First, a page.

Look, I don’t mean to demonize flowers. This isn’t even really about them. It’s about the fact that it’s time to acknowledge the star power of mushrooms—beyond the plate and the horrors of hippie bong aesthetics—as the majestic wonders of the woods they are. And luckily, these days there are plenty of artists, craftspeople, and designers ready to help you share the magic of mushrooms, incorporating them into fresh bouquets, jewelry and accessories, and other creative products.

The mushroom is an “underappreciated organism,” says Jill Bliss, an artist and naturalist based in the Salish Sea archipelago, off the coast of Washington State. Last year, Bliss made a splash with a series of mushroom arrangements she created and photographed on walks through the woods. Originally just a diversion she took up while waiting for paintings to dry, the swirling, colorful fungal formations “struck a chord with people,” says Bliss, leading to write-ups in the Guardian, Food and Wine, and a number of other art and design publications.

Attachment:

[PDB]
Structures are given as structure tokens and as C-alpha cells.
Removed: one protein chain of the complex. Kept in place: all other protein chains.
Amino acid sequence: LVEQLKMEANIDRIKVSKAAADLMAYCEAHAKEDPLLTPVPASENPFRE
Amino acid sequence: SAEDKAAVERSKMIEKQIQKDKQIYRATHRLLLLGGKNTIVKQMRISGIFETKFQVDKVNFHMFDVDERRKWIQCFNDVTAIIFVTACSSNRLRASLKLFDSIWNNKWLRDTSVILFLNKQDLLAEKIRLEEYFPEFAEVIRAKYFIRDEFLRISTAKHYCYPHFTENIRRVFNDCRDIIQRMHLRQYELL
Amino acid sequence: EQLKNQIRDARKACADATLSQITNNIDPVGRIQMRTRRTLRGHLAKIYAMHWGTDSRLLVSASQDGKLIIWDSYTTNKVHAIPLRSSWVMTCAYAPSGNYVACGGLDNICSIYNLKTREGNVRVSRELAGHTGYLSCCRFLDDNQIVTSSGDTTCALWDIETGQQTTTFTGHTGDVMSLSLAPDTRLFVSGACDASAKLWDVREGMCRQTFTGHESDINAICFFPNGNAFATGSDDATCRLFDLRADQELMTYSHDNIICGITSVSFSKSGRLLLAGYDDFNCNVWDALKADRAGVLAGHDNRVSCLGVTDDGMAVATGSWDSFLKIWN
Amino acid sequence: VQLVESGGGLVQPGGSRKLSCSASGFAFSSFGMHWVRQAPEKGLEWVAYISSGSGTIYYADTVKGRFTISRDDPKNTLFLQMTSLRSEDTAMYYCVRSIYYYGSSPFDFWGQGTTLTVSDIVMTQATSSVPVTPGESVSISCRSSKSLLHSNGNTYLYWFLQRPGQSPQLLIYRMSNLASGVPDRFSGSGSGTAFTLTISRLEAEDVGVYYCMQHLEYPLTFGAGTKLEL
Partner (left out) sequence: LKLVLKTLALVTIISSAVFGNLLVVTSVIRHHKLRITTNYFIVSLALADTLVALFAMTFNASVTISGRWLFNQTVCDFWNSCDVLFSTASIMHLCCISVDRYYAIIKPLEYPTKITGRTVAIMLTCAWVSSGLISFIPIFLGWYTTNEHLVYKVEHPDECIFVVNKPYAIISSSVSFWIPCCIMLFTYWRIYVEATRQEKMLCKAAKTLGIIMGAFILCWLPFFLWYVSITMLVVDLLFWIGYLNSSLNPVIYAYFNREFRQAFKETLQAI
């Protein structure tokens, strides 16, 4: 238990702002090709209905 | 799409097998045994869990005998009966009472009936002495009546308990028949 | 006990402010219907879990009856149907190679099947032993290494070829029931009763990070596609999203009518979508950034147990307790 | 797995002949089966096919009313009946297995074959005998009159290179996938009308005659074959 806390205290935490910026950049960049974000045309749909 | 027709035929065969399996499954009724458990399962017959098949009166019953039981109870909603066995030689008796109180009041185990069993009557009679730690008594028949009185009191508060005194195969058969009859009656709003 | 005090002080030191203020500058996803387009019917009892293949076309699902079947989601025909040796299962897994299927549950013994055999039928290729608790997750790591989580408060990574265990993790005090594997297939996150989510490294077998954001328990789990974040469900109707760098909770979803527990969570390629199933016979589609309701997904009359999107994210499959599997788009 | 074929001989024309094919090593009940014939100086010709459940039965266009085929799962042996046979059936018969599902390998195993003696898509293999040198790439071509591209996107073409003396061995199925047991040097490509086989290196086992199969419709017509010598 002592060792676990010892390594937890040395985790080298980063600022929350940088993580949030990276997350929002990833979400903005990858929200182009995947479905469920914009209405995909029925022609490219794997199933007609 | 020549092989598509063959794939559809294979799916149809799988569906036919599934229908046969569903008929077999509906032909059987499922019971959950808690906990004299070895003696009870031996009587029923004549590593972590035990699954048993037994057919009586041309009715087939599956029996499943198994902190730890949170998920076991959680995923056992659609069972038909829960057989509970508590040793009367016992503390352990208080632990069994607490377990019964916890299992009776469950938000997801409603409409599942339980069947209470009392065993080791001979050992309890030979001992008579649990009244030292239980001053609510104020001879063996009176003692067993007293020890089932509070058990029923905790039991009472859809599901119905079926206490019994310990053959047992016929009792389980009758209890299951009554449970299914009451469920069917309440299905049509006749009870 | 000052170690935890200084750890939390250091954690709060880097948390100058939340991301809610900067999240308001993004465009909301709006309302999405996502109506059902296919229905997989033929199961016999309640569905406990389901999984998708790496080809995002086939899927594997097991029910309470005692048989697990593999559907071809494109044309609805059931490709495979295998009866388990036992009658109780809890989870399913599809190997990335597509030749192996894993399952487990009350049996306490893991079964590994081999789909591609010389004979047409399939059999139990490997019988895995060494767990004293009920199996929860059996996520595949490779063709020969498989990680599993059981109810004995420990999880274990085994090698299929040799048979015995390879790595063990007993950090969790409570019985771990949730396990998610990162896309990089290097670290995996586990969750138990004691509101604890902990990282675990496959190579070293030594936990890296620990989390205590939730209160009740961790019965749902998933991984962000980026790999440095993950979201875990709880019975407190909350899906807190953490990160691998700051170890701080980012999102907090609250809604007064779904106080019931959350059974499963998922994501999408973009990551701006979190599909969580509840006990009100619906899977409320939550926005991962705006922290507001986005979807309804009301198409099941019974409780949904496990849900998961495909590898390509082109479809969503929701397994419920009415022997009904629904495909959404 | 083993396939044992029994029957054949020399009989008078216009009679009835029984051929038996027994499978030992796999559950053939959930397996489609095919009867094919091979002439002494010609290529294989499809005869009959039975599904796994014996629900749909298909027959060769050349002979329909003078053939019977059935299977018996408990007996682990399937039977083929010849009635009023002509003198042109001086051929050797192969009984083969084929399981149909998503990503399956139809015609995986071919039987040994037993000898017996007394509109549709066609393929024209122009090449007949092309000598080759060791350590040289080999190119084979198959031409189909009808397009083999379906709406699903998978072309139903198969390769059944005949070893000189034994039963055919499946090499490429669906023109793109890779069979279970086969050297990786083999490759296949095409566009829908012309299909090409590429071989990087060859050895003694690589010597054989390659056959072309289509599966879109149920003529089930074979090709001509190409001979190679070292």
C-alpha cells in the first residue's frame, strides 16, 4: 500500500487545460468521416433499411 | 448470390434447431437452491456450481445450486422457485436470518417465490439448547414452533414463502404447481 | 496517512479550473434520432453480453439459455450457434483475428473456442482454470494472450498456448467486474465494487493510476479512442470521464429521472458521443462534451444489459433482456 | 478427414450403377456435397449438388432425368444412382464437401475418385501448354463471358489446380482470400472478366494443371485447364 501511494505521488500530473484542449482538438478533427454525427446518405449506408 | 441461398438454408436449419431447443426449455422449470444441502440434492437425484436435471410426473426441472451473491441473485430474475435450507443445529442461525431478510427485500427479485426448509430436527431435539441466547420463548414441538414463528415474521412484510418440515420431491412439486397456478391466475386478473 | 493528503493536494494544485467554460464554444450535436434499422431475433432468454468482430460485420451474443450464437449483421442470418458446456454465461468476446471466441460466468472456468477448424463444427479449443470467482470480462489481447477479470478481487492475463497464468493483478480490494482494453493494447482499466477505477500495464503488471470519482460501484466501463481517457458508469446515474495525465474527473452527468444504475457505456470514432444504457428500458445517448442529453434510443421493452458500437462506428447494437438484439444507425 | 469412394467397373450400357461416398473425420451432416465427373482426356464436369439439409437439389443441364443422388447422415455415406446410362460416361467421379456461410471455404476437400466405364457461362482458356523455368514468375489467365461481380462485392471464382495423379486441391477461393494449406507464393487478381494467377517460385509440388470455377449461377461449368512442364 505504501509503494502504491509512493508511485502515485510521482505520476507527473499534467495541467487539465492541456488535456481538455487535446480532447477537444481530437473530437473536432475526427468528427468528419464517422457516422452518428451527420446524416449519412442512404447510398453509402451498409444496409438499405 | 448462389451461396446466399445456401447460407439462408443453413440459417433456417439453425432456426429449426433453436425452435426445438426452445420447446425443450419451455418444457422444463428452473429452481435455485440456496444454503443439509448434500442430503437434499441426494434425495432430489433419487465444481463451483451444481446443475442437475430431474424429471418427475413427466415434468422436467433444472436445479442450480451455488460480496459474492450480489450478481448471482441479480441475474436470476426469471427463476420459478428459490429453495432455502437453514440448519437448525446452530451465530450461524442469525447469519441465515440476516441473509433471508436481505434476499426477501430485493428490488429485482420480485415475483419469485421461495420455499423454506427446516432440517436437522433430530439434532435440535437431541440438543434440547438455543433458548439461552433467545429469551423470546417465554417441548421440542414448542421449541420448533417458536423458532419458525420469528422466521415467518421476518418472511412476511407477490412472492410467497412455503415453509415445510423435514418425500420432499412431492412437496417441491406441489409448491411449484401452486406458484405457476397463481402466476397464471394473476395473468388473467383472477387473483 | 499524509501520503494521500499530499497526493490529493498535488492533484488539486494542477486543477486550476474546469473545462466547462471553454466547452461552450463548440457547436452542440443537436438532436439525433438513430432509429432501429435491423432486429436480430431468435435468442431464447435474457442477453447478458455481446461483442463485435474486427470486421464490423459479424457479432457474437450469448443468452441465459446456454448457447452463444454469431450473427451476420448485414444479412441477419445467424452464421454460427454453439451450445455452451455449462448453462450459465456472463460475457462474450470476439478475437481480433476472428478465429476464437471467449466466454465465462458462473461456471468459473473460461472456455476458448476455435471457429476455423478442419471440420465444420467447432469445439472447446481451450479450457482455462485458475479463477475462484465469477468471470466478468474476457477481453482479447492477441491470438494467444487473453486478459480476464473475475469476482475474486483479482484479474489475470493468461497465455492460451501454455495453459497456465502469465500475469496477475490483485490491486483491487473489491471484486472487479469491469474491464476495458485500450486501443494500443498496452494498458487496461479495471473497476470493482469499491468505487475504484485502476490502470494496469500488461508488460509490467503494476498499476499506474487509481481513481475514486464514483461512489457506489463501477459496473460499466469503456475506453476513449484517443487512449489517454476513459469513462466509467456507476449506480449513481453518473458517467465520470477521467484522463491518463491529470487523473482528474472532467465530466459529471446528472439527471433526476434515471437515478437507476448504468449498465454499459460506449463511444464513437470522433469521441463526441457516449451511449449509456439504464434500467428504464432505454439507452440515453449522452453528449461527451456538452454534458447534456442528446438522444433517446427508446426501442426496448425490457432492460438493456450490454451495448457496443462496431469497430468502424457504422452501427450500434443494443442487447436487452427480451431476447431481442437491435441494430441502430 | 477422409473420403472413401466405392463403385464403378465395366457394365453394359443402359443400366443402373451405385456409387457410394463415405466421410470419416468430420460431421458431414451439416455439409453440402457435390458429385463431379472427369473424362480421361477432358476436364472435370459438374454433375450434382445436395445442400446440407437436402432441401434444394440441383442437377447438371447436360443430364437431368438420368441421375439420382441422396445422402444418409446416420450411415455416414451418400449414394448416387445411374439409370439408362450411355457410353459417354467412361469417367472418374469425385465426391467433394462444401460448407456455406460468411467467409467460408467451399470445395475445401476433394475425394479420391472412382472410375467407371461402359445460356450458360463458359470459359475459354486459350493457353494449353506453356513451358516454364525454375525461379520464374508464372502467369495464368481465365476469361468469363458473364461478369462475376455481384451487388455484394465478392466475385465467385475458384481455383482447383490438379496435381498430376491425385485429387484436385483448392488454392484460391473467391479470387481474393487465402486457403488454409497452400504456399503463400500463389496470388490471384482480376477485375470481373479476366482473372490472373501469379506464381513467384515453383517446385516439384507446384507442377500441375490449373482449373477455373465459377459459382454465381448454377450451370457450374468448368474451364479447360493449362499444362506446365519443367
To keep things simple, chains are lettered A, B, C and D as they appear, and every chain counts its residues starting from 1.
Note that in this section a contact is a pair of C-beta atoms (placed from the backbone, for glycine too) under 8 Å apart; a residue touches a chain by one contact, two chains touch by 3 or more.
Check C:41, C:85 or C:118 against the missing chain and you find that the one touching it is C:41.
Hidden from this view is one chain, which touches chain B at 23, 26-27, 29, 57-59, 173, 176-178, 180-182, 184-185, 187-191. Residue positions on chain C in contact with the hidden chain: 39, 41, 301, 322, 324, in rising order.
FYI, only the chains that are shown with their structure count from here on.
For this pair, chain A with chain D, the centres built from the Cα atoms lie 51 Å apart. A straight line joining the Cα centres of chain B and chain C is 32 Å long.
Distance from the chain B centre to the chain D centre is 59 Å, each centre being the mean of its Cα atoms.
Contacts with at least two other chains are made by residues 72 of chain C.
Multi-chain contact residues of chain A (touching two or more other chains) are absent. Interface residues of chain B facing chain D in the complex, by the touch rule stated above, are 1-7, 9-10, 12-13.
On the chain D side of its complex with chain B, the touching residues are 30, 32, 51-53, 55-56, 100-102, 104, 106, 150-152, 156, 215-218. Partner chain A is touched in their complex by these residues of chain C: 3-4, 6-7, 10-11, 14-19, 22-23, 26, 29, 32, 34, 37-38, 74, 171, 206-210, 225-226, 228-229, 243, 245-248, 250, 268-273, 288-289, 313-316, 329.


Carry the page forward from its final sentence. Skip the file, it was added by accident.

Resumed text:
Her mycological medleys pulsate with almost hyperreal pastels and vivid neons, confounding the stereotypical mushroom palette of brown-and-white supermarket shiitakes and criminis. Mushrooms are beautiful, says Bliss, “and they’re a part of the ecosystem in the bioregion that I adore and live in. So, they’re like my neighbors.” You can purchase prints of the pictures Bliss takes, but she always leaves the mushrooms in place on the forest floor to decompose or become critter food. For Bliss, these wild things belong where she found them.